Top things to know:
Setting the mood for sex is important – make sure everyone is comfortable!
Having sex is not just about having babies, it should also be fun for everyone involved
STIs are common and nothing to be ashamed about. If caught early, they may be treatable
We wouldn’t be on this planet if it wasn’t for sex. Although sex is a part of the human lifecycle, many people still find it taboo to discuss. In many places, it’s common for people to start learning about sex during puberty.
Curious about sex, but not sure where to start? Here’s the very basics of what you should know before thinking about having sex for the first time.
Often, the sex ed you learn in school is not as accurate as it could be, nor as applicable. It can take a long time to figure out what works for you and what your preferences are.
Sex drive: what is it and where does it come from?
Our sex drive and sexual pleasure are impacted by our physiology, psychology, societal expectations, and the interactions between these domains. In addition, we still don’t have a great understanding of female sexual anatomy or female orgasm.
Birth control can sometimes affect your sex drive, so if you are currently taking hormonal contraception, tracking your symptoms in Clue can help you determine its effects on your body and libido.
Non-Hormonal Birth Control
Is Clue Birth Control the right contraception for me?
First things first, Clue Birth Control isn’t a pill or an implant….
by Sarah Toler, DNP, CNM
Tracking your sex drive and sexual activity in Clue can give you an indication of what’s normal for you at certain points during your cycle. Make sure to download Clue and start tracking today.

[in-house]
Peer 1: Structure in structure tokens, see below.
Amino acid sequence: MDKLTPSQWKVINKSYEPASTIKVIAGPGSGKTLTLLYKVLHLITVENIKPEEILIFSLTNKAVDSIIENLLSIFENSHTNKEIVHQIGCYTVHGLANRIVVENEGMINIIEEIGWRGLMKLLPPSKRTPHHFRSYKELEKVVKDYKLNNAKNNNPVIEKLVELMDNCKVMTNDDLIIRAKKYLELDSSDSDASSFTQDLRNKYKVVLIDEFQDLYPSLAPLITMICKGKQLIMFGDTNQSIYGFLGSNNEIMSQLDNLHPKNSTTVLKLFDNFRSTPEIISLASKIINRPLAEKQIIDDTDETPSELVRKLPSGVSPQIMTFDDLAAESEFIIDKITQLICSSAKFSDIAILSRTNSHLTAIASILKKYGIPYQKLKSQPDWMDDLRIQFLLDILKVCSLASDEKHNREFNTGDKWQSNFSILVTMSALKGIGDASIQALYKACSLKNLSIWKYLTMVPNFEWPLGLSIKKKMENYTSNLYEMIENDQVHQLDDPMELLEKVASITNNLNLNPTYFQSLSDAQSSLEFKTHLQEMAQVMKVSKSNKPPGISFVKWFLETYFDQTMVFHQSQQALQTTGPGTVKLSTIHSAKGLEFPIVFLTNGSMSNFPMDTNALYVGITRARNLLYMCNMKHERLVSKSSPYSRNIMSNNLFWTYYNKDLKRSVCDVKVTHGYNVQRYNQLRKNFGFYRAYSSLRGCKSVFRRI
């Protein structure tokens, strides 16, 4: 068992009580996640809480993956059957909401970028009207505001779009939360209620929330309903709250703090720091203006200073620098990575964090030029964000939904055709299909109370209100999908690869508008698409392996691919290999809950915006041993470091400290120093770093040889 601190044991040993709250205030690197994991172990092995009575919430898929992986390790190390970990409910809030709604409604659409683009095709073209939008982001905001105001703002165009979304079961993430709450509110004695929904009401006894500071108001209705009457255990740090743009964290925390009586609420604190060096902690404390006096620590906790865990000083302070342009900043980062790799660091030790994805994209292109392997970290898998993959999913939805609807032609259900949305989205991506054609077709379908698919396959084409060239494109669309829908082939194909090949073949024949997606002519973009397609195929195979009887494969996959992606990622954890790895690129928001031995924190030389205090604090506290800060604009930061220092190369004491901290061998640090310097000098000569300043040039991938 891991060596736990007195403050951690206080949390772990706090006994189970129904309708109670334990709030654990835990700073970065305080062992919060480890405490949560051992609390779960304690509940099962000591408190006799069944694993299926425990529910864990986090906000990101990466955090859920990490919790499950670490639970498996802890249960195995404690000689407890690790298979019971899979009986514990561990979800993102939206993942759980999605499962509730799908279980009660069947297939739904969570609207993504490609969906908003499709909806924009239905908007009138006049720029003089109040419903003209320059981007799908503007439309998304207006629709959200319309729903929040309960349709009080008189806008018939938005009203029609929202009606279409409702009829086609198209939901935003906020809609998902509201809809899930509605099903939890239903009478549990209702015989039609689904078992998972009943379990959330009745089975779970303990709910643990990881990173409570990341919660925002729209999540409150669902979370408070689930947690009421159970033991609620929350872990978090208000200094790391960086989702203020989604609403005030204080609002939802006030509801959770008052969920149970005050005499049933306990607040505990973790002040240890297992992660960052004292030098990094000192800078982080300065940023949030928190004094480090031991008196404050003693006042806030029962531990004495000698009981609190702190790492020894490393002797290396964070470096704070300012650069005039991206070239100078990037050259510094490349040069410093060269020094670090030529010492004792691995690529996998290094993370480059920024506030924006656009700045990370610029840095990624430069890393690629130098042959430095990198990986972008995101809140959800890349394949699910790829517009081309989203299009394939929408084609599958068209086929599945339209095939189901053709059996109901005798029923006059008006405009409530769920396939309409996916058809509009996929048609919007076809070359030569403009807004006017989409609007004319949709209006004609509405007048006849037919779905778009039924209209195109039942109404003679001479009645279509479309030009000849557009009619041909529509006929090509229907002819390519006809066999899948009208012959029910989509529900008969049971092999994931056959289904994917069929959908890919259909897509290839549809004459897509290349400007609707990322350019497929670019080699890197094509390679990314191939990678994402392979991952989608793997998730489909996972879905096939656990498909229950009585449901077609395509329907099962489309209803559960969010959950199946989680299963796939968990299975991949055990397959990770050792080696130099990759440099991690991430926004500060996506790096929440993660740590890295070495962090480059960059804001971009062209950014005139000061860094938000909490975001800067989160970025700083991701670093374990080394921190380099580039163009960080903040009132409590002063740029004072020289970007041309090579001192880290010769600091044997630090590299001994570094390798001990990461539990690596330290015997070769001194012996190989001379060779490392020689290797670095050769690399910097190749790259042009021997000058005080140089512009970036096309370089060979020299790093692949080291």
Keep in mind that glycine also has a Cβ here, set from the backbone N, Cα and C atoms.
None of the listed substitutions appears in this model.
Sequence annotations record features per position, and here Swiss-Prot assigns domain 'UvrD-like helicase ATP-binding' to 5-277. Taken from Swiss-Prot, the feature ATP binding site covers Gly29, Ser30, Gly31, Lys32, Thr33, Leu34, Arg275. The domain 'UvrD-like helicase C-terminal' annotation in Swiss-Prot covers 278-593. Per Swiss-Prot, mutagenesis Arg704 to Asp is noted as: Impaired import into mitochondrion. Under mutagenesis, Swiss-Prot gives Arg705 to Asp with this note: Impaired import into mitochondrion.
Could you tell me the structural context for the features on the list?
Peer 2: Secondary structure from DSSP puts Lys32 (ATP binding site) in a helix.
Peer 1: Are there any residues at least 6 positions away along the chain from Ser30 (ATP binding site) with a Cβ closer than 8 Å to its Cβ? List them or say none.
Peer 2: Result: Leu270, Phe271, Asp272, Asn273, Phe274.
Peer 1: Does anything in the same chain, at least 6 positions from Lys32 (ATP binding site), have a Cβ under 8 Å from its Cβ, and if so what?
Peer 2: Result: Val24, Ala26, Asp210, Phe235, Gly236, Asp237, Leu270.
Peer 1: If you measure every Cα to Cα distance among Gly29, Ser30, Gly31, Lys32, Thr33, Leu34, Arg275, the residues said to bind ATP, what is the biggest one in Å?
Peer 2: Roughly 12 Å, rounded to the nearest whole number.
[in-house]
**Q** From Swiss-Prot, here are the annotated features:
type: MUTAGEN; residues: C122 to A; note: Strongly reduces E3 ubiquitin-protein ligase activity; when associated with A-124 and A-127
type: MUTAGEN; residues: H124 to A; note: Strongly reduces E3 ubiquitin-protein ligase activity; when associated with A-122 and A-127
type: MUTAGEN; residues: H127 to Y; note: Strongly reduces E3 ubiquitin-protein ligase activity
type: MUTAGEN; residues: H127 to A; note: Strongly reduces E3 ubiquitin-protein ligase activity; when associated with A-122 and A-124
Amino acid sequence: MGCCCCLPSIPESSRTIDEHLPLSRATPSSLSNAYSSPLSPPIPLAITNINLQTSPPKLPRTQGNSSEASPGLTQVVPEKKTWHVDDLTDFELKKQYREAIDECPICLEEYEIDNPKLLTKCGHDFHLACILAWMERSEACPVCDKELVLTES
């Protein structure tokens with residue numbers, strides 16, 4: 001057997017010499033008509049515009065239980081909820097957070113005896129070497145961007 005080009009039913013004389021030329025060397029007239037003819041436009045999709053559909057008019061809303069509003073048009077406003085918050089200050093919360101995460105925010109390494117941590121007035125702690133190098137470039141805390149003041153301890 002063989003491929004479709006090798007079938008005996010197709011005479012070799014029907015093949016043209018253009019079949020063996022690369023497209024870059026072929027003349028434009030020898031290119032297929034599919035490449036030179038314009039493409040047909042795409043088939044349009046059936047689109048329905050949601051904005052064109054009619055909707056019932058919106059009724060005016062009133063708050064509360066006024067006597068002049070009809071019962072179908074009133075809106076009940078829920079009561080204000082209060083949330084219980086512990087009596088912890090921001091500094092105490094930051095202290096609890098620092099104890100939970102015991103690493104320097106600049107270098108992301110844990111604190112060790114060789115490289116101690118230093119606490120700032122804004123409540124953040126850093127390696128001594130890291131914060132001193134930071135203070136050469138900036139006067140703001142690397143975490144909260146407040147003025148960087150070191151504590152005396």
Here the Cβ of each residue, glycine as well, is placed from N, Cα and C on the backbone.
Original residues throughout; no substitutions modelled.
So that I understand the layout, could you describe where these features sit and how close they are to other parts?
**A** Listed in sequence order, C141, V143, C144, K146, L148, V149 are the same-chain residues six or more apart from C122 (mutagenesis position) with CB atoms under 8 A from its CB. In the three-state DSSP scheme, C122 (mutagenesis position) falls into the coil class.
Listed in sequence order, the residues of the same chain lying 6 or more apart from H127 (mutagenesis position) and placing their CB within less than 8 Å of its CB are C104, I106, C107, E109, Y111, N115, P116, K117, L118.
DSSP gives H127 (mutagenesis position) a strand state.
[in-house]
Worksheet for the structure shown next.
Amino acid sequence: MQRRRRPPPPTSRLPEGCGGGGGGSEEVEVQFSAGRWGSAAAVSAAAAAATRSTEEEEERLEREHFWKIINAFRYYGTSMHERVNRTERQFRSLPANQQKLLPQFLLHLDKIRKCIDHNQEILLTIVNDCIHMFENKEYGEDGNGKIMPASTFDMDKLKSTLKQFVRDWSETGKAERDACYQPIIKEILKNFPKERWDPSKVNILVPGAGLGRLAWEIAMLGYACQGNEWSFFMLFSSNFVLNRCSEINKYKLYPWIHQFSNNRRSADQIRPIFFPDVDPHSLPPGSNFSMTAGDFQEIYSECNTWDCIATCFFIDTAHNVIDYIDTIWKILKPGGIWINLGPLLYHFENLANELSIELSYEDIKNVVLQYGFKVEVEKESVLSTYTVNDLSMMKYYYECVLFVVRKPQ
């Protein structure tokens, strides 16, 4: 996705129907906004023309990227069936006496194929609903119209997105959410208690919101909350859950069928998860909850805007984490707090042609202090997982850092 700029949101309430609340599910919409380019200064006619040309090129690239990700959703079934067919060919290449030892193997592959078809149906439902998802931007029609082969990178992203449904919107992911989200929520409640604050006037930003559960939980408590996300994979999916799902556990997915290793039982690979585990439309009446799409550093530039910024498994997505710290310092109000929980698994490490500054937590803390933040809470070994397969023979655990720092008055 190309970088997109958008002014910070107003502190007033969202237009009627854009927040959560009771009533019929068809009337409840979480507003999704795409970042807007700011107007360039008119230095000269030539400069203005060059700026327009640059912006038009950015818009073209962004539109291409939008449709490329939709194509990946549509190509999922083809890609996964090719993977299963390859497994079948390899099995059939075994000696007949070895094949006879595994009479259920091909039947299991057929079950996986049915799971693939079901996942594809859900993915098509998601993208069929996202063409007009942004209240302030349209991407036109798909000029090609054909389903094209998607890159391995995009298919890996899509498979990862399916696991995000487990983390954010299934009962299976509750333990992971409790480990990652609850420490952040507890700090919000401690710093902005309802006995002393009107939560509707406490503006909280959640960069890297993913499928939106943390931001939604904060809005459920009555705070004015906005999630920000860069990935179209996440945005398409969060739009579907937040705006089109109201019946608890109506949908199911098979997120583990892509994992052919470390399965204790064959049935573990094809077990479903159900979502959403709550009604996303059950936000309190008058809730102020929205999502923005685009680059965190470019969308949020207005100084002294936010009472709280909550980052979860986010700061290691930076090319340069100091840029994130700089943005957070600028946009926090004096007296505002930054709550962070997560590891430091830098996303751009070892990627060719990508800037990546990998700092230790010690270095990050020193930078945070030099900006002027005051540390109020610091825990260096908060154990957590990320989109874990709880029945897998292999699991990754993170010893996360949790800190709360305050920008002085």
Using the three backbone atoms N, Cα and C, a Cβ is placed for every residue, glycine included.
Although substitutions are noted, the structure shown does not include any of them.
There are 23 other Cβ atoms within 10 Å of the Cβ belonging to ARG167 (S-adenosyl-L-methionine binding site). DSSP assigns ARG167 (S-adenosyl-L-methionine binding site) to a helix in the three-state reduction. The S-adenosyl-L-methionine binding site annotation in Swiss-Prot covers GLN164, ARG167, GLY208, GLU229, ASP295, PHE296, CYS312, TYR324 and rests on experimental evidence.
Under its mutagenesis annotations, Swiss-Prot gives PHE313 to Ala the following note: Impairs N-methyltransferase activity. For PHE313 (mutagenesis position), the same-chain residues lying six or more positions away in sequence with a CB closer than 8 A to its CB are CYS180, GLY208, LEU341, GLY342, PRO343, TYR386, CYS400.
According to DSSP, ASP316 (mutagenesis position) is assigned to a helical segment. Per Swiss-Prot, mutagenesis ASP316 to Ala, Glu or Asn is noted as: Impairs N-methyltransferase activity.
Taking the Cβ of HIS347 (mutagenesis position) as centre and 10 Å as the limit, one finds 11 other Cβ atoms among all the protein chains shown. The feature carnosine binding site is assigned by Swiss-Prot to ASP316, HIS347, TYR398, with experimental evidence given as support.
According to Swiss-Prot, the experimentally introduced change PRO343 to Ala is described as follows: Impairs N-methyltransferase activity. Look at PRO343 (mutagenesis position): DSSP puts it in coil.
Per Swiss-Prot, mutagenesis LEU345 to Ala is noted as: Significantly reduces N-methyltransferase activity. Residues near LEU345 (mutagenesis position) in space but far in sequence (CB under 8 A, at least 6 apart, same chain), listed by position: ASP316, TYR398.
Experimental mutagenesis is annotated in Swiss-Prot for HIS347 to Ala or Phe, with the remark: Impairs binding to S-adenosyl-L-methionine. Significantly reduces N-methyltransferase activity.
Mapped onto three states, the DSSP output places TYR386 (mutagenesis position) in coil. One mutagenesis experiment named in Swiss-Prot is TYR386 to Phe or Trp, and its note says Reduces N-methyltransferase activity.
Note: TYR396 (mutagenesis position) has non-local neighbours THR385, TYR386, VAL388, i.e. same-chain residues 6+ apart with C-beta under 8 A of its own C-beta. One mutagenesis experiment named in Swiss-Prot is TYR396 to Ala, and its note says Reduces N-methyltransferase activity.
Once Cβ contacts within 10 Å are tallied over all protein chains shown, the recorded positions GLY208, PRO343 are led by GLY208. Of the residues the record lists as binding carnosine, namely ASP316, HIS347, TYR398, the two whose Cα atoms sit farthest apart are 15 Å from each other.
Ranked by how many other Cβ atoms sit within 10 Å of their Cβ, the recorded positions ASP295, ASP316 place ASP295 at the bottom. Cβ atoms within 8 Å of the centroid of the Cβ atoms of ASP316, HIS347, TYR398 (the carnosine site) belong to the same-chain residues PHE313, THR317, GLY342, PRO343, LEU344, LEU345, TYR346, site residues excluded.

When people think of sex, they often think of orgasm as the ultimate way to achieve pleasure. Female orgasm, in particular, is often seen to be proof of sexual success. There is still not enough adequate research or information about female orgasm, although we generally know how to define the different ways people tend to achieve orgasm.
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Download Clue to track your sex drive and sexual activity.
Download the Clue app on the App Store
Download the Clue app on the Play Store
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Even if you don’t end up having an orgasm, there are other ways to experience pleasure. Erogenous zones are areas of the body that elicit a sexual response when stimulated. This can include the genital area, nipples, or anywhere, really—whatever you’re into.
The clitoris is one of the most sensitive erogenous zones due to its high concentration of nerve endings (1,2). By stimulating an erogenous zone, a sexual physiological response can be set into motion.
The clitoris is part of the vulva, the name for the external parts of female genitalia. The vagina is the tube connecting the vulva and the cervix.
What feels good to you might not feel good to someone else. Experimenting with masturbation to figure out what you like and dislike might be a good idea.
How to have safer sex
Safer sex is a way to reduce your risks of STIs.
Here’s the top 3 ways to avoid STIs:
Correct, consistent (always, not just some of the time) use of barriers (condoms and other barriers, like dental dams) on body parts or toys for any kind of vaginal, anal, or oral sex
Being mutually sexually exclusive: both you and your partner only have sex with each other
Regular testing for all STIs, by you and your partner(s)
Barrier methods include:
External condoms (sometimes called “male” condoms)
Internal condoms (sometimes called “female” condoms)
Latex or nitrile gloves
Practicing “safer sex” through the use of barrier methods (like condoms, gloves, and dental dams) can significantly lower this risk (3).
Internal and external condoms work by providing a physical barrier that prevents each partner’s genitals and body fluids from coming into contact with the other partner’s body (4).
It’s especially important to use a barrier method to protect yourself and your partner against STIs if either of you is unsure of your STI status, or if one or both partners are also having sex with someone else.